tourdefrance 2 dropped on Friday, November 13th. It’s the second time Rhythm Changes has covered a duo, because we previously did the HAVYN single “First Impressions”.
This duo is an international collaboration between Carson Tworow and Luke Fantom, and they met in Metro Vancouver. Fantom now lives in the UK. However, Tworow’s still in East Van.
If you know me, you know that I’m clueless about EDM and about dance music in general. So, what better way to cover this release than with a deep interview and a special guest!
First, you’ll find my interview with Tworow from tourdefrance. Then, you’ll find my chat with my brother-in-law Nik Pisko-Dubienski. I talked to Nik because he DJs and understands dance music, unlike me!
Let’s broaden our horizons.
Interview with Carson Tworow of tourdefrance
About each track
WILL CHERNOFF: Tell me how you named the tracks.
CARSON TWOROW: “For ‘Ezra’, we were playing with sounds from the Prophet synthesizer, and Ezra was a prophet. We just searched the names of prophets and that was the best name!
“‘Nterini’ was the name of the track we sampled, so we just called it ‘Nterini Edit’. But, for ‘Mori Affair’, we’re not going to reveal the source of the first sample.
“For ‘Shimmer’, it was an aesthetically inspired name, and I can’t really remember!”
WC: What was the first piece of each arrangement that came to you?
CT: “First, for ‘Nterini Edit’, Luke started chopping it up. We wanted to make a more dance-focused version of the original track. Then, for ‘Ezra’, it was just playing around with the Prophet.
“For ‘Mori Affair’, Luke found a sample of some Japanese jazz that he really liked, and you can hear that there’s sample distortion, which we liked a lot. In ‘Shimmer’, the tune is in six [6/4 time], and that inspired the keys playing.“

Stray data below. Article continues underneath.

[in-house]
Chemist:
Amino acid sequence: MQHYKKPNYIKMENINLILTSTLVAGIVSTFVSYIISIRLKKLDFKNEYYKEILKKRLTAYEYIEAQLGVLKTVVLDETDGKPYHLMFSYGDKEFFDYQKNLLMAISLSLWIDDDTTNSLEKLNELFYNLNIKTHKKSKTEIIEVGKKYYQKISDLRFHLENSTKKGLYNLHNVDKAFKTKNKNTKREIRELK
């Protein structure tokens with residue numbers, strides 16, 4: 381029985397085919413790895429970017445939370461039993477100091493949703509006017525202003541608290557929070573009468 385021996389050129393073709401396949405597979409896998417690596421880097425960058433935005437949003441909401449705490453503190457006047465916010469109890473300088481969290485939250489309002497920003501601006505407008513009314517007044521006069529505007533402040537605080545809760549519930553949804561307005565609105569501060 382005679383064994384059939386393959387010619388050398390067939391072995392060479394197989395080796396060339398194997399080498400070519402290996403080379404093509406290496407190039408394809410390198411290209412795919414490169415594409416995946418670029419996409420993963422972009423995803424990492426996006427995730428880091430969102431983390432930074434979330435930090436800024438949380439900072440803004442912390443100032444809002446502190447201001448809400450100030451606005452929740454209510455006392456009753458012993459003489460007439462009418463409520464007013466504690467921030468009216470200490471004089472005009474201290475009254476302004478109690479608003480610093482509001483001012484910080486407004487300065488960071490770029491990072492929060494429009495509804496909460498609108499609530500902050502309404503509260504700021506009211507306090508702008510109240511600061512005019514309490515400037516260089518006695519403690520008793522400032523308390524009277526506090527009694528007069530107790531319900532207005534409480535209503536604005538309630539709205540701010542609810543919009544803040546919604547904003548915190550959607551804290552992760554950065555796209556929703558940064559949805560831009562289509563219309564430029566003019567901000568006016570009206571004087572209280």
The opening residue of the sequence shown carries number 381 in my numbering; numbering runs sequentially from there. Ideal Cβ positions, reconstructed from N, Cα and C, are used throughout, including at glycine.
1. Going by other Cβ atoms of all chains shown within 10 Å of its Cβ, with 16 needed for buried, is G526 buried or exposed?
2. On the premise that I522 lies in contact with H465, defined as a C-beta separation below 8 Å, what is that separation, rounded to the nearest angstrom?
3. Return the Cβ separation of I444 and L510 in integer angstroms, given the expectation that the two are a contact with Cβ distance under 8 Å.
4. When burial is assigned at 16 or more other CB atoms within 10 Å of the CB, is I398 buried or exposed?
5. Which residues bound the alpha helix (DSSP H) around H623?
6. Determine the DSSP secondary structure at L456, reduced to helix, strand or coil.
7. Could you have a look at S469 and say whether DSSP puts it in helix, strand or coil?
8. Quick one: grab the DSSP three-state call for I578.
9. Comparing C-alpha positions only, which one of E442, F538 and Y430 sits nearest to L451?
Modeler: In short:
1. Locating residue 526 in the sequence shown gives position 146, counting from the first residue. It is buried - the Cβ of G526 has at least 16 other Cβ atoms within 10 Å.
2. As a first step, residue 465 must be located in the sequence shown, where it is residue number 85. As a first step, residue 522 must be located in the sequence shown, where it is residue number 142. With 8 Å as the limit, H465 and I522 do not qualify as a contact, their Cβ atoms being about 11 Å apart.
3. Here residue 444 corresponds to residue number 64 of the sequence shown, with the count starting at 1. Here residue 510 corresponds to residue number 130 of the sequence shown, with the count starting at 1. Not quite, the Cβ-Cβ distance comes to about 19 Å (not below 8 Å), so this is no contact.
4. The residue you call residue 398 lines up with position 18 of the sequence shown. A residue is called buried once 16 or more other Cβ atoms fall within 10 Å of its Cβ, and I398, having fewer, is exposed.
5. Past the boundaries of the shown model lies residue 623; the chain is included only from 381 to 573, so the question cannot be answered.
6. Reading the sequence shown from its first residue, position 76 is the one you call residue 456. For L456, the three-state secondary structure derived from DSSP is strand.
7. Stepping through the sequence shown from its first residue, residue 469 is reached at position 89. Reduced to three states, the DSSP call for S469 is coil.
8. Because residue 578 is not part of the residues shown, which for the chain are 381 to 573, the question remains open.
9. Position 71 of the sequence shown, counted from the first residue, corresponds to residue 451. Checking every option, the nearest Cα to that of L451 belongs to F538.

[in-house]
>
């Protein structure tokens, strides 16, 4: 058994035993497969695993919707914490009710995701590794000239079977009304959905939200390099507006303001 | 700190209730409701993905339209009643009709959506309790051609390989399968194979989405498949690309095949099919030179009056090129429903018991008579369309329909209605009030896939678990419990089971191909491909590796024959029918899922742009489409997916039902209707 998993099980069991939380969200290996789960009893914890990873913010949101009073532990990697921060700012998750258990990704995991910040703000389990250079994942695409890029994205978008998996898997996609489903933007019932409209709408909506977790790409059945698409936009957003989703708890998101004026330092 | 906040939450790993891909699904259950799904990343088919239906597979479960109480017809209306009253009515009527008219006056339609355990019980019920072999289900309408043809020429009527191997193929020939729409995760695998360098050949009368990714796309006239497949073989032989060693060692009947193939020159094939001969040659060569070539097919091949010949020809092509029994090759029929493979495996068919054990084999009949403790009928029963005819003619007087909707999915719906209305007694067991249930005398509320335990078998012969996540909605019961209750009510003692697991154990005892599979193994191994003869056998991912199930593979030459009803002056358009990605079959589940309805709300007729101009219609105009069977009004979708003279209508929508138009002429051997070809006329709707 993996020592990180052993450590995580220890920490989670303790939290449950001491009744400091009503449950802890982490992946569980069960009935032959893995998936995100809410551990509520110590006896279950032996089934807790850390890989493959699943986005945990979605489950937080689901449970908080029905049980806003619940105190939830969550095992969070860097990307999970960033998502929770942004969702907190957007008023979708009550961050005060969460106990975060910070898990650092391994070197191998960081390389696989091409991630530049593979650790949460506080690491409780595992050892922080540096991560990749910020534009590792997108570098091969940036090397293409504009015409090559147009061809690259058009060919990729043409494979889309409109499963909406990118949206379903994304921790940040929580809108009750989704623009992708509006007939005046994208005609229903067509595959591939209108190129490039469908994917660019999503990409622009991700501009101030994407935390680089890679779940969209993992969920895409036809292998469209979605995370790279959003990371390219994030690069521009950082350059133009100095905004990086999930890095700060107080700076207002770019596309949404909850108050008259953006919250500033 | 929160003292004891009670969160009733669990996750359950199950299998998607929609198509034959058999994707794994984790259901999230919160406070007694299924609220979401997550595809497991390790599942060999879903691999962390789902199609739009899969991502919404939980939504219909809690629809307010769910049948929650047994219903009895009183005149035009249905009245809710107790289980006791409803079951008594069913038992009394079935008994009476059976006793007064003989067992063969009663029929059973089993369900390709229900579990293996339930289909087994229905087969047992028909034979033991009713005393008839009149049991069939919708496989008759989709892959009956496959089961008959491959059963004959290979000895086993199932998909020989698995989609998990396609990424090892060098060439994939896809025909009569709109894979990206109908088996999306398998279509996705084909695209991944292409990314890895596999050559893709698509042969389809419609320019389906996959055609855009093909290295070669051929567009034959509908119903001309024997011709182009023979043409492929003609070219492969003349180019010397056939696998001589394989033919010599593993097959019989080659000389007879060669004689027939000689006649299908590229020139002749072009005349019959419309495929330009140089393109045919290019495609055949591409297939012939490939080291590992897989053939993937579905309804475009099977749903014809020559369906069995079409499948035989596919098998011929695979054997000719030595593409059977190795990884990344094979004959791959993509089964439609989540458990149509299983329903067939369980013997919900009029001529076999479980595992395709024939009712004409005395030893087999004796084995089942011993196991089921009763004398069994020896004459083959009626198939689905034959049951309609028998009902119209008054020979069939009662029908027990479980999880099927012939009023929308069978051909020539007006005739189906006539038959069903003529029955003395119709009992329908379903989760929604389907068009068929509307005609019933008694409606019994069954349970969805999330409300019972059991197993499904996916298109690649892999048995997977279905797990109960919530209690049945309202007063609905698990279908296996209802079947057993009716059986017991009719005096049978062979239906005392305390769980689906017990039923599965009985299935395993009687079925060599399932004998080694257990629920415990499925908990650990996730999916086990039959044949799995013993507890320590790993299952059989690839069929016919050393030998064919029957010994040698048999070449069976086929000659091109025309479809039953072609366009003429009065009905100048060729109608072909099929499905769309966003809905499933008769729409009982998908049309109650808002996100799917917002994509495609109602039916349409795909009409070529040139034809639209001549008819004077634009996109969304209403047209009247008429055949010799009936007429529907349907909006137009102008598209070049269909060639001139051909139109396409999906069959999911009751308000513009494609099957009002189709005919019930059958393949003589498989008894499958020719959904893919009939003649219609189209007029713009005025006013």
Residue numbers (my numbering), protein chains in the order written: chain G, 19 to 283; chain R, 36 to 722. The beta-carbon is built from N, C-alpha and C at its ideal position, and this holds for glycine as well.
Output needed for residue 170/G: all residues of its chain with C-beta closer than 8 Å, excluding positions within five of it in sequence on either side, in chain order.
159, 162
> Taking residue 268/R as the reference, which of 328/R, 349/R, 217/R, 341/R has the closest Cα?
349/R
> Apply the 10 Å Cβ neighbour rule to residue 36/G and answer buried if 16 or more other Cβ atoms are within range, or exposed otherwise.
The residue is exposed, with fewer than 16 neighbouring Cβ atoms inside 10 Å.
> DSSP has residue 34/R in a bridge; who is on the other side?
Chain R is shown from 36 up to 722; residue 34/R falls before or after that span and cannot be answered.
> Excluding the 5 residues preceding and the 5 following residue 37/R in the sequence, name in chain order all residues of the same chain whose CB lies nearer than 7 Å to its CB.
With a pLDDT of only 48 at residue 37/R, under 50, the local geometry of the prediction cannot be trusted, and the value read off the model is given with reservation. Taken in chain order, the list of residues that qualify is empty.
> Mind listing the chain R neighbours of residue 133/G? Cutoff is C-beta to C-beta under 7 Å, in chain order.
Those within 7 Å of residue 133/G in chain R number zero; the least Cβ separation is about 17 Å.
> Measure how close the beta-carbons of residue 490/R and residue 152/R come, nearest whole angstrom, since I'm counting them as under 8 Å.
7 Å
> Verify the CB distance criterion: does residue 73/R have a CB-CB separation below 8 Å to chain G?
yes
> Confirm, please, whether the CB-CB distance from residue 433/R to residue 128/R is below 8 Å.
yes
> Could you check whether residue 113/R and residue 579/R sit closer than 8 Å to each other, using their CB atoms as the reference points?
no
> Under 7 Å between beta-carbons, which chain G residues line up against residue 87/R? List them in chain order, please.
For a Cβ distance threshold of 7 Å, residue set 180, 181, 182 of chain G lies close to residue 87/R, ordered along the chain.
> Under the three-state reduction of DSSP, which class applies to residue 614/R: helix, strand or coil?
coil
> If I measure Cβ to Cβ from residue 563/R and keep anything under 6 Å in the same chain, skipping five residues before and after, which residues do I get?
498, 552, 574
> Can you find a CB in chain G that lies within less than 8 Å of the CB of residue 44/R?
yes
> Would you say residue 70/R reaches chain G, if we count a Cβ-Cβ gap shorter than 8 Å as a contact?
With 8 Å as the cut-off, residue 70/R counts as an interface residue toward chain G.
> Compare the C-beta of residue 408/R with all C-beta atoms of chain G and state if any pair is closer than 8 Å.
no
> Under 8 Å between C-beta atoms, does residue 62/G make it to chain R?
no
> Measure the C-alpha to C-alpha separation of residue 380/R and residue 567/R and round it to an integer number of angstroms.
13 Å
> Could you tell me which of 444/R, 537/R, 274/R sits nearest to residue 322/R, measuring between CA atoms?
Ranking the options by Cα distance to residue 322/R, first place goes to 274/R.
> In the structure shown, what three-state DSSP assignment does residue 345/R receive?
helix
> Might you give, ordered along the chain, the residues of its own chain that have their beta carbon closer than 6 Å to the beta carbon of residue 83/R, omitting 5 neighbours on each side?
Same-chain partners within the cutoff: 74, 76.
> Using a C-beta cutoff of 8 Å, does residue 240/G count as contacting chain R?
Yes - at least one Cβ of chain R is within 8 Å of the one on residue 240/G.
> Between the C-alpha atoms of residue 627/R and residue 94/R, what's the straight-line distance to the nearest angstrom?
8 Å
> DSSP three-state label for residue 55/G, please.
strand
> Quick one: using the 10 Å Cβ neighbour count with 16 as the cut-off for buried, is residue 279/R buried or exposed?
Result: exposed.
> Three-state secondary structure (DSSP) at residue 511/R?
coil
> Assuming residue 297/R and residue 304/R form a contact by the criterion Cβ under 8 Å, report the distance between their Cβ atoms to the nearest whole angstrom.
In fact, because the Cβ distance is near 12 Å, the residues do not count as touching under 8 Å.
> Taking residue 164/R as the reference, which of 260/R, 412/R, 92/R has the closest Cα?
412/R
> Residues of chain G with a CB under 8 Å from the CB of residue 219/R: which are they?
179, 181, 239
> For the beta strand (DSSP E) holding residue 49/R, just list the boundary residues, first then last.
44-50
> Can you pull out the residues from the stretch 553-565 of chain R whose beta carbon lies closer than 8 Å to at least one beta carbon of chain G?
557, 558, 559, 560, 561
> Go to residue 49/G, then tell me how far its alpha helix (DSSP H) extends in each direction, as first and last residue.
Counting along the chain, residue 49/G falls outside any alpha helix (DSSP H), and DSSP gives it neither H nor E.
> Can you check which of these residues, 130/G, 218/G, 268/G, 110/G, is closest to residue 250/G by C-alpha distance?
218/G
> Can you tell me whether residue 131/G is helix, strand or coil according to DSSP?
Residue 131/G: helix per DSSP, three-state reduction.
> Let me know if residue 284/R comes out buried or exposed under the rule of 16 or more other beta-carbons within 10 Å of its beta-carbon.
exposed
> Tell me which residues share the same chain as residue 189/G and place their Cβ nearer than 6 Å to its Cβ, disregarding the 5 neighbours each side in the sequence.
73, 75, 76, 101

Editor’s note: I learned from Nik that the sample on ‘Mori Affair’ comes from “Romance” by Hiroshi Suzuki. We asked Tworow if we could publish that information, and he said yes.
About collaborating with Luke Fantom on tourdefrance 2
WC: You’ve played in bands, but this project is remote. So, how are those collaboration methods different?
CT: “Actually, at the start of each track, it’s not very collaborative. By the time the second person gets involved, there’s usually something fleshed-out for the other person to jump in and contribute to. At the outset, very rarely are we both doing something.
“You can divide these tracks into either Luke or Carson tracks. In a band, when you’re co-writing, often the initial spark is very collaborative. But, here, the initial spark is one of us or the other.”
WC: Which ones are Carson tracks?
CT: “‘Nterini Edit’. I contributed the vibe with all the keys, and I did a fair amount of the drum work. Also, ‘Ezra’ is a ‘me’ track.
Luke started off the other two. But, at the end, they’re all fully collaborative.”
WC: Tell me about how music-making fits in your day-to-day when you both have careers in tech.
CT: “Well, it’s an evenings and weekends thing. When Luke finishes writing, it’s my morning, because of the time difference. So, I wake up and see that Luke has done something. Or, vice versa.
“We also don’t put any hard deadlines on these projects. Most of these tracks were finished months ago, and it just takes time to get them mixed and prepare for promotion. So, at the end of the day, it’s a passion project.”
About influences and record labels
WC: I’d love if you compared tourdefrance 2 to the kind of music you both enjoy listening to in general.
CT: “So, there’s a big difference between the two of us in that regard. Luke has been making and listening to dance music a lot more and for a lot longer. He listens to dance music quite a bit, and he’s introduced me to a lot of it.
“I wasn’t super hip to it at first. I listen to folk music, a lot of jazz, and experimental electronic music. But, Disclosure influenced both of us.”
WC: What do you understand about making great dance music because you’re a drummer?
CT: “Rhythms from different cultures that I learned while I was in jazz school.
“For example, on ‘Solou’ [from the first tourdefrance EP release], the rhythm pulls directly from something that I learned when I was working on West African rhythms, on the drum kit. They’re not typically found in dance music, but they’re really cool rhythms from around the world.”
WC: Tell me about working with record labels.
CT: “We’re going fully independent for this one, although we had a great experience working with Nurvous Records from New York, and they were easy to work with.
“The label does have built-in fans, and it also gives you the option to get the music onto things like Beatport and Traxsource.